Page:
Nina Gualinga: The Environmental and Indigenous Rights Activist Fighting to Protect the Amazon Forest

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Article by: Dalton Munga

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When an Argentine oil company invaded the territory of the Sarayaku community in the Amazon forest to extract oil against the community’s will, eight-year-old Nina Gualinga witnessed the bold resistance of her people, which moulded her into one of the most revolutionary indigenous protectors of the Amazon forest. The ten-year battle of the Sarayaku women, physically and in court, saved the Ecuadorian Amazon forest from exploitation, and Nina Gualinga has continued the fight to protect the Amazon forest and the rest of the global environment.

Photo by Alice Aedy

Who is Nina Gualinga?

Nina Gualinga is an environmental and human rights activist born in June 1993 in Sarayaku, Ecuador. She was born to a Sarayaku mother who speaks Kichwa and a Swedish-speaking Finnish father. When she was eight, she moved to a boarding school in Sweden called Sigtunaskolan Humanistiska Läroverket and later studied human rights at Lund University. She represented the youth of Sarayaku at the last hearing of the court battle between the Sarayaku community and the Ecuadorian government in the Inter-American Court of Human Rights, which played a crucial role in winning the case. 

Her fervent belief in the innate dignity of all persons and their homes, as well as her vigorous fight to protect the environment, has been vital to the preservation of the Amazon as well as the environment in other parts of the world. She is part of Mujeres Amazonicas (Amazon Women), a group of Indigenous Amazonian women fighting to preserve the Amazon forest, which has been their home for centuries, hoping to keep the forest alive for generations to come. 

Nina Gualinga’s activism

Her activism has made her an icon on a global scale. At the 2014 People’s Climate March, she was keen on stopping the extraction of fossil fuels, a major problem in the Ecuadorian Amazon and many other parts of the world. She also attended the 2016 ICUN World Conservation Congress, COP20, COP21, COP22, COP23, COP25, and COP26 and in all these conferences, she shed light on the great danger that extractivism has on the Amazon forest, the global environment as well as on women.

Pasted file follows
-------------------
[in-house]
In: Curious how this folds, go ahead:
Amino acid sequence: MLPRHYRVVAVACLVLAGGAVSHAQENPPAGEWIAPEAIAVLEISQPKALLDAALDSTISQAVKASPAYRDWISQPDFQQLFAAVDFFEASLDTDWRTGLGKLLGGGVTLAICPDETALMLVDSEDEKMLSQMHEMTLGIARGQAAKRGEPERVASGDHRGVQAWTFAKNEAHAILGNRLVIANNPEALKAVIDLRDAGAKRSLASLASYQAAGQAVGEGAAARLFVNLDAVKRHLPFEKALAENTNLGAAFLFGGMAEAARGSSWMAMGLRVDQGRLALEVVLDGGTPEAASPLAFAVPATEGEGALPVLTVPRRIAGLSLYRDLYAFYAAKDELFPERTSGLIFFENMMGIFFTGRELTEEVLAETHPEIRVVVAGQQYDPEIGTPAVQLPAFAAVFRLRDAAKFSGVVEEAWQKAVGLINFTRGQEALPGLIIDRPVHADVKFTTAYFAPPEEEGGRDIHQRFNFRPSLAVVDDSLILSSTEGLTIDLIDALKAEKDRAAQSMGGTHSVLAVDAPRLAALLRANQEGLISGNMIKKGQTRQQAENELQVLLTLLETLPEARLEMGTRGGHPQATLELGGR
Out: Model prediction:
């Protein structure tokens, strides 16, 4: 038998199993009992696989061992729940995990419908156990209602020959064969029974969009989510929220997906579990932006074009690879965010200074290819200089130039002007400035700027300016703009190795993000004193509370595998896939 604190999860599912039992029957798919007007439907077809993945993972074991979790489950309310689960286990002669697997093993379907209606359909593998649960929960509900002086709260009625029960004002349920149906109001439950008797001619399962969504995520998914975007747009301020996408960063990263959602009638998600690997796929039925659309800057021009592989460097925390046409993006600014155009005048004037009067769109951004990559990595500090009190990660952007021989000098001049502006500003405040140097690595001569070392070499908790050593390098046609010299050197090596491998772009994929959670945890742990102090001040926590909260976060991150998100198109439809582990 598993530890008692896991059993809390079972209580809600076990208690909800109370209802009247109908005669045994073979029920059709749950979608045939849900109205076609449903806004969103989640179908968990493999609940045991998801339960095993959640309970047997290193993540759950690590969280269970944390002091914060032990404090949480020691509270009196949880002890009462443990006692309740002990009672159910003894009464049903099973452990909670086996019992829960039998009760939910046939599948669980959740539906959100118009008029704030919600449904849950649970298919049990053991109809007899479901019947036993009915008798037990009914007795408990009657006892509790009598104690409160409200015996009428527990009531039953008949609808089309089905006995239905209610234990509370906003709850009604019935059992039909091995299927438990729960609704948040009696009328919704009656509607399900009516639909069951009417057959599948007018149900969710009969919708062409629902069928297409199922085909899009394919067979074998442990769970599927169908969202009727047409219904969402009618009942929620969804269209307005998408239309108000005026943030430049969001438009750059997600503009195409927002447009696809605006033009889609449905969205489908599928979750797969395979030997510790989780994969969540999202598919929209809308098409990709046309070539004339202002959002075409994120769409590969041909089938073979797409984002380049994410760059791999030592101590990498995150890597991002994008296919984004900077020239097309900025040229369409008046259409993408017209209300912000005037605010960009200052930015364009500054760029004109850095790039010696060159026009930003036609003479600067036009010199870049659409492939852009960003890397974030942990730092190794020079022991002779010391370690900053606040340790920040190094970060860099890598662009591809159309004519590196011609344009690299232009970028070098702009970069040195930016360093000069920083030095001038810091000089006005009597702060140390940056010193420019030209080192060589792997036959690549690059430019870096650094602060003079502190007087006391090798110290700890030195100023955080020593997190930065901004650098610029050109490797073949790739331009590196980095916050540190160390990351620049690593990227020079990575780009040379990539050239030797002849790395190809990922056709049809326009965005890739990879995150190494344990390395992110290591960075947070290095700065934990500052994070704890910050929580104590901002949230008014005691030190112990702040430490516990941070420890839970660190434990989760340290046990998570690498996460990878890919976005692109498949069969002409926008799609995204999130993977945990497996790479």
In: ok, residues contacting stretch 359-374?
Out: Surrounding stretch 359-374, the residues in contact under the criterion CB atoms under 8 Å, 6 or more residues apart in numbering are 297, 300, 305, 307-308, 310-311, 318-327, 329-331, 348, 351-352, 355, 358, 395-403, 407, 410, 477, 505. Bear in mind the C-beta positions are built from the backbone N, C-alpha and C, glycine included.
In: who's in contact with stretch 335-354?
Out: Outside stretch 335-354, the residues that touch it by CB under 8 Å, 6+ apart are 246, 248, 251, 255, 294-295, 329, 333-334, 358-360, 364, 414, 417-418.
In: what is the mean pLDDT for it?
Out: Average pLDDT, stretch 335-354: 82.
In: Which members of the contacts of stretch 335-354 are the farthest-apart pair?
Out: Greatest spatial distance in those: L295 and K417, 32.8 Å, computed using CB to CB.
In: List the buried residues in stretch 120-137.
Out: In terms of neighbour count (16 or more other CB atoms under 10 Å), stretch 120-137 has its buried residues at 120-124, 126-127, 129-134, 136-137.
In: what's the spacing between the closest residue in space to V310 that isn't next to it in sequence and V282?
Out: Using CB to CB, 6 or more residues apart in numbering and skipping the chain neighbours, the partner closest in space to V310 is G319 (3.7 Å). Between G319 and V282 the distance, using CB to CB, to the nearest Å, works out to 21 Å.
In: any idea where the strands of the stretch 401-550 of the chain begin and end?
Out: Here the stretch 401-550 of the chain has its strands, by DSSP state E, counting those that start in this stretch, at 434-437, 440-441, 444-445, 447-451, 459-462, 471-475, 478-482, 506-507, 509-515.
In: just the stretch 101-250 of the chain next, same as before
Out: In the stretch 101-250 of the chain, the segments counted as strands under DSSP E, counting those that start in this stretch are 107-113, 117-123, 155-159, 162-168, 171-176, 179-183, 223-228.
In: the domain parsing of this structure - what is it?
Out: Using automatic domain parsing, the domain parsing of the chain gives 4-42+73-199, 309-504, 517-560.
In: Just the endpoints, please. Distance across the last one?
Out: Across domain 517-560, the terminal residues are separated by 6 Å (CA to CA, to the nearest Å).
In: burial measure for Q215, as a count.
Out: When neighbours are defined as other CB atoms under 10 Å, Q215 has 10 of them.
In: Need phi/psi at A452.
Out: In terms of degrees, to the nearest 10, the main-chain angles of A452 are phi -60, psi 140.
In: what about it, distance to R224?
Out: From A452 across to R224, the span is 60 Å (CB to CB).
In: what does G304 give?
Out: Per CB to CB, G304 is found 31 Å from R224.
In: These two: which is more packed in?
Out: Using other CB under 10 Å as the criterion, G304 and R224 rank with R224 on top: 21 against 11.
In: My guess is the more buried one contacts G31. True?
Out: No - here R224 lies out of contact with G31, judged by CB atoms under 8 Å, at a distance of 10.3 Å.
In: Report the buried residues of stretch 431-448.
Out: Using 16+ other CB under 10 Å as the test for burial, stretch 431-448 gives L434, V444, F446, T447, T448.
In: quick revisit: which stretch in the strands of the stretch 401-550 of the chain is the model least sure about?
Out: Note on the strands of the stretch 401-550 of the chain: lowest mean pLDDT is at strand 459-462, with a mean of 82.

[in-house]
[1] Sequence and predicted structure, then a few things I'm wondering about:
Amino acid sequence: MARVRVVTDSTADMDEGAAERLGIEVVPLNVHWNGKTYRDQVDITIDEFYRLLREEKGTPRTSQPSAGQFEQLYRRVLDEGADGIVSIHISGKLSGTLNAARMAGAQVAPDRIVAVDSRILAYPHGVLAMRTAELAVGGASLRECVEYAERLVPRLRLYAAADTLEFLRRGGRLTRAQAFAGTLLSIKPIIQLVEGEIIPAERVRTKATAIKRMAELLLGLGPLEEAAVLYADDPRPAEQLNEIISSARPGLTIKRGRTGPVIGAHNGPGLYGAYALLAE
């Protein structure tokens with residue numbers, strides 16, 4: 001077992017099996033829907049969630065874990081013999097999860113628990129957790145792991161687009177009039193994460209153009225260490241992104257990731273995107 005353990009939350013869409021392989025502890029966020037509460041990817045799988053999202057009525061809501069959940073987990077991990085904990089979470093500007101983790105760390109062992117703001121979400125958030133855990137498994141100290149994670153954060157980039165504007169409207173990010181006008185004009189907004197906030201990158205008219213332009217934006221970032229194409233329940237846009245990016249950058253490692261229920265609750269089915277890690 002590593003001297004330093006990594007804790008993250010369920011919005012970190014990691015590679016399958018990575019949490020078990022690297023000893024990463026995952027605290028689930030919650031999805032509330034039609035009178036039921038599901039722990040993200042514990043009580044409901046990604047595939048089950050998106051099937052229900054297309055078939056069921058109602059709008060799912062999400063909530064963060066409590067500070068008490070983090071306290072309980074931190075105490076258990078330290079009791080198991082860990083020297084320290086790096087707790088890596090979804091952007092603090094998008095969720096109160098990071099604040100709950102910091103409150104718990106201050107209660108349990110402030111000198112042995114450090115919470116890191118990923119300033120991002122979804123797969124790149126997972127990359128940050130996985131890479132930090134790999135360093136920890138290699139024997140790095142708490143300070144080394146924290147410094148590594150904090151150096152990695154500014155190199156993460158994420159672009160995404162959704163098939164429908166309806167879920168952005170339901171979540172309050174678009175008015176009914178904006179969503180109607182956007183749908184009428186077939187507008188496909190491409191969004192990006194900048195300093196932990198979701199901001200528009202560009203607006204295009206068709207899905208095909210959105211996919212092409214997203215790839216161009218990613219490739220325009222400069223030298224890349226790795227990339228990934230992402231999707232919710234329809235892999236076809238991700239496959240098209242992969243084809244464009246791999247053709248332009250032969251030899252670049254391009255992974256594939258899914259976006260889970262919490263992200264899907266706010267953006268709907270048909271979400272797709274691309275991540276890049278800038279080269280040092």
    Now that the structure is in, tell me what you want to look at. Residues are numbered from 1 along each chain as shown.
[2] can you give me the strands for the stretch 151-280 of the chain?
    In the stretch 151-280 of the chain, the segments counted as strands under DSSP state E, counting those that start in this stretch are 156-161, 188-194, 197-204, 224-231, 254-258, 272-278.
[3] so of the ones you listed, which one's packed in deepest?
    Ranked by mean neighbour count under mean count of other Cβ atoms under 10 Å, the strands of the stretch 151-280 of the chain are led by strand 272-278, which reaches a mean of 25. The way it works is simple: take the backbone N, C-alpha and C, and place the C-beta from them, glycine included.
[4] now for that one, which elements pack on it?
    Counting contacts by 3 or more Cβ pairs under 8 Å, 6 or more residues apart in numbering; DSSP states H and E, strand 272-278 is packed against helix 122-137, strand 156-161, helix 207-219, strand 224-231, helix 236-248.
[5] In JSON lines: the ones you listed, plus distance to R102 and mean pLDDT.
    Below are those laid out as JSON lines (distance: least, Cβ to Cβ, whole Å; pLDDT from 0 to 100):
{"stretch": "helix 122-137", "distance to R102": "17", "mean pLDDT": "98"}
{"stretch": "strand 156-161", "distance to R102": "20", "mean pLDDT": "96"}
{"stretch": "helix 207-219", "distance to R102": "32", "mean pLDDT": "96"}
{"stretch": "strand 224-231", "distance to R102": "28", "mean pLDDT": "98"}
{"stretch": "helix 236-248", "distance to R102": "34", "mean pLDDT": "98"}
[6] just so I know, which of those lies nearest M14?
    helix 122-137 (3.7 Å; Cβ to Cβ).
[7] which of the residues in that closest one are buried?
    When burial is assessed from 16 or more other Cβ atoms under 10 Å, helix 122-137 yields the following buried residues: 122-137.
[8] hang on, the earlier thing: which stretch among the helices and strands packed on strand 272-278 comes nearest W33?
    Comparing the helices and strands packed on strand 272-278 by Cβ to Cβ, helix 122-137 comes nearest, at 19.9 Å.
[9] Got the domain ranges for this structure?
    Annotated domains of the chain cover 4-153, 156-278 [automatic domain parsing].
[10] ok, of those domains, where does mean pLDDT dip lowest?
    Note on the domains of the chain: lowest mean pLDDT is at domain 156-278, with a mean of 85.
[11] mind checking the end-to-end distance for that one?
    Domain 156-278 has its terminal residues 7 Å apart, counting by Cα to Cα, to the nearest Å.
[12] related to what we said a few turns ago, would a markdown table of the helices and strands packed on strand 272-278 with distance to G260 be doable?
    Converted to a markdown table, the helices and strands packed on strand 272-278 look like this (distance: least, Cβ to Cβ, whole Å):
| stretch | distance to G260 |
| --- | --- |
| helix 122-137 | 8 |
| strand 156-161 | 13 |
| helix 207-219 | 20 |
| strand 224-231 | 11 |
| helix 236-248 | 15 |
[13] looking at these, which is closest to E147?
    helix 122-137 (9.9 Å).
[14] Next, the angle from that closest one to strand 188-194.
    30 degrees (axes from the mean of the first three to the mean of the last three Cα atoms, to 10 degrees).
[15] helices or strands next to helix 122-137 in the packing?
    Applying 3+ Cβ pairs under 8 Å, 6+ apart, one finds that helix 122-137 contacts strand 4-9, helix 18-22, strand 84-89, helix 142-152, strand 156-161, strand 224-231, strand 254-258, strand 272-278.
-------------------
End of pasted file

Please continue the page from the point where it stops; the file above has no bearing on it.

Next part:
She made one of her greatest statements during COP21 in Paris, where she sailed on a canoe from her home village on the Seine River, drawing attention to her people's plight. The dedication of her life to environmental conservation has not gone unnoticed, for in 2018, she was awarded the WWF International President’s Youth Award. Still, she continues her fight and hopes that the Ecuadorian government will stop selling oil concessions to mining corporations and realise that the Amazon forest itself is an asset.

Nina also found a creative way to strengthen the bond between the women in the fight for the Amazon. She founded Hakhu Amazon Design which gives over 200 Indigenous women alternative sources of income through making arts and crafts and selling them online. This organisation has helped keep the women united in the fight for the Amazon forest despite the numerous threats they receive. 

In an interview with British Vogue, she stated, “The work I was doing previously, which was strictly environmental, has now expanded to become about sisterhood, about healing, about inclusion, about love — that is really beautiful to me.” To her, the fight for the environment has brought her community closer and has been fortified by the unity of the Mujeres Amazonica.

Writer’s commentary

If I were to put a name to what Nina Gualinga has been fighting, I would call it greed. The greed seems so insatiable that it consumes its hosts, and they fail to see what getting what they want may cause. They fail to recognise the importance of the forest to thousands and only see the riches they may gain from what sits beneath the roots of trees that have stood there for centuries. 

On the other hand, if I were to describe Nina Gualinga, I would say she is selfless, the perfect remedy for greed. She seeks to protect the forest so that the generations after her shall sit in its shade and admire its beauty. She seeks to defend that which cannot defend itself. She wishes to preserve her identity and home against powers greater than herself, powers that rule over her. In preserving the environment, she has safeguarded the interconnected tapestry that is the source of life and sustenance on Earth. Alli kani Nina!